It's ridiculous on its face --- Ru486 is safe and this concern trolling about it being "dangerous" and "gruesome" is just typical dishonest forced-childbirth propaganda. But it's also exactly the kind of issue that lefties who call women useful idiots and liberals who say this sort of thing is unimportant compared to the issues they care about will refuse to defend. And little by little the anti-choicers win. Not that that's important or anything.

Update:

More useful idiocy
The people fighting for reproductive rights in Mississippi tell us they don't have much money. They're up against Issue 26, which would assign personhood to every fertilized egg. The measure would immediately outlaw abortion in Mississippi, along with common forms of birth control and likely IVF treatments.

If the national personhood movement can get this done in Mississippi next month, then they're on the table nationwide.

Without much for spending on billboards or commercials, the pro-choice side has been doing this one themselves, in their own way. Now the very grassroots Parents Against MS 26 has its own video, telling their own stories. Whatever happens in November, these folks are trying.


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“A child’s life is like a piece of paper on which every person leaves a mark.” [Dynamics of Cats]


The following is brutal, do not watch if sensitive

Read the rest of this post... |

Read the comments on this post...

Also check out the featured ScienceBlog of the week: Inside the Outbreaks on the ScienceBlogs Book Club


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Reckless pandering

Romney's walking into a briar patch with this one:

ROMNEY: You have a program like Paul Ryan has proposed, which says we’re going to give people vouchers to let them choose among private plans. I would not at the same time would want to remove the option for people who have standard Medicare. But I would probably move to a more managed care approach even in Medicare itself.

This is one where he really should propose a blue ribbon commission to study the issue rather than offering any proposals. The only Republican voters in the country who understand what he's talking about are Seniors. And they do not want any tinkering with Medicare, even if it's only forcing them into managed care (which they can already choose, by the way.) They largely voted against Democrats in the last election because the GOP told them that the health care reforms were coming out of their hides and unless President Obama makes an equally stupid move ( a good possibility, by the way) and start talking about cutting Medicare again, this is likely to make seniors queasy.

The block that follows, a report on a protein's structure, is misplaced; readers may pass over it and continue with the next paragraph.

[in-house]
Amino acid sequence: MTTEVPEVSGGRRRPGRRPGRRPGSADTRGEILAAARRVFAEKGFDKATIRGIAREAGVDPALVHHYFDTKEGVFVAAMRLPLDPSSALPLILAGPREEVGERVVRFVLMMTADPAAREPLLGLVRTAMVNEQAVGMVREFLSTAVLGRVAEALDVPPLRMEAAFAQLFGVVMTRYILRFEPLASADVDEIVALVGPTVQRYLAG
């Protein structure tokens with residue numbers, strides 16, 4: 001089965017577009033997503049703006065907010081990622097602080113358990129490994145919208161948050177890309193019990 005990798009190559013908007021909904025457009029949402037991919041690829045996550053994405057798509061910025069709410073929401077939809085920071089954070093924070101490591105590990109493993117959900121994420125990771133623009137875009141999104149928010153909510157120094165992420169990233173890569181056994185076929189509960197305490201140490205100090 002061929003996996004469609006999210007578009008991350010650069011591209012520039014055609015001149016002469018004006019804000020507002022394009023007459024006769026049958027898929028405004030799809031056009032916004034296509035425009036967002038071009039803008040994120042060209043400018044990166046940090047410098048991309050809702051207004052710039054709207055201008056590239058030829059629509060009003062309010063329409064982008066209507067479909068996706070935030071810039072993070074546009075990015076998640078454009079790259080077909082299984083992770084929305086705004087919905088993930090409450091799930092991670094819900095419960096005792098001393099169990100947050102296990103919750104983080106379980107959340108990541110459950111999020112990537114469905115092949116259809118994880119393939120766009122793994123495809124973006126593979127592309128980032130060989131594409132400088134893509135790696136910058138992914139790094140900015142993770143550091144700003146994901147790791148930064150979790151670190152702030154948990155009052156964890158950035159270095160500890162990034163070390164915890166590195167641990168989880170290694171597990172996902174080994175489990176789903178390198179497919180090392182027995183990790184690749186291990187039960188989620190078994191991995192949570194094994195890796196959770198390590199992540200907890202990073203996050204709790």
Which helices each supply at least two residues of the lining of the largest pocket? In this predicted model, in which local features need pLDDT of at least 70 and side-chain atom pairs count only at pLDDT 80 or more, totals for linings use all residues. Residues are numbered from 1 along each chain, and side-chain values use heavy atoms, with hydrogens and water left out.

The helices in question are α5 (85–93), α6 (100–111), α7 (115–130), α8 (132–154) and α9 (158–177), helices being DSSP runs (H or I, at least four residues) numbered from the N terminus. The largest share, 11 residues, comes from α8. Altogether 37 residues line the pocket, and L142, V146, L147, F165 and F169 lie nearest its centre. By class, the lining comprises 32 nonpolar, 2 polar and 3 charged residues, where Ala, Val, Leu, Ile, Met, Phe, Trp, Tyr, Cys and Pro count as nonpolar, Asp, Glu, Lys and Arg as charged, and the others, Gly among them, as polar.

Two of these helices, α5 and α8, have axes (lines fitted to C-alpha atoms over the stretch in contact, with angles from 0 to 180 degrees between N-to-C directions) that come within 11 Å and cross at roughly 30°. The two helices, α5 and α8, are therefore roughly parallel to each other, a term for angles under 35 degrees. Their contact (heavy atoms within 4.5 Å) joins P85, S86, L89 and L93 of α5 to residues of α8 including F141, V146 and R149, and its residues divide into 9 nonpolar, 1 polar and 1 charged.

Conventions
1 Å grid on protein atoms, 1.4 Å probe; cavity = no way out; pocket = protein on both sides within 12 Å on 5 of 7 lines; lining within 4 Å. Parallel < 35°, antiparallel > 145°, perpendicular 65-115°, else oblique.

I suppose the GOP might be able to win without a huge turnout among the white, conservative elderly but it's hard to see how. In fact, Mitt is being very reckless in saying anything except that he will repeal Obamacare on his first day in office (which is impossible, but whatever...)Getting into specifics on Medicare is not going to help him.

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“Nice!”—- cheering for disenfranchisement

This is not a big surprise:

SC voter ID law hits black precincts

By Jim Davenport

The Associated Press

South Carolina’s new voter photo identification law appears to be hitting black precincts in the state the hardest, according to an analysis by The Associated Press.

For instance, nearly half the voters who cast ballots at a historically black college in Columbia lack state-issued photo identification and could face problems voting in next year’s presidential election, according to the analysis of precinct-level data provided by the state Election Commission.

What is a surprise is to see Republican operatives openly rejoicing in public about it:


Who is this Wesley Donohue who cheers the disenfranchisement of black voters?

Wesley Donehue
@wesleydonehue Columbia, South Carolina
Political operative running a campaign or two online. Follower of Christ. Southern. Host of Pub Politics.

I'm sure Christ would be so pleased.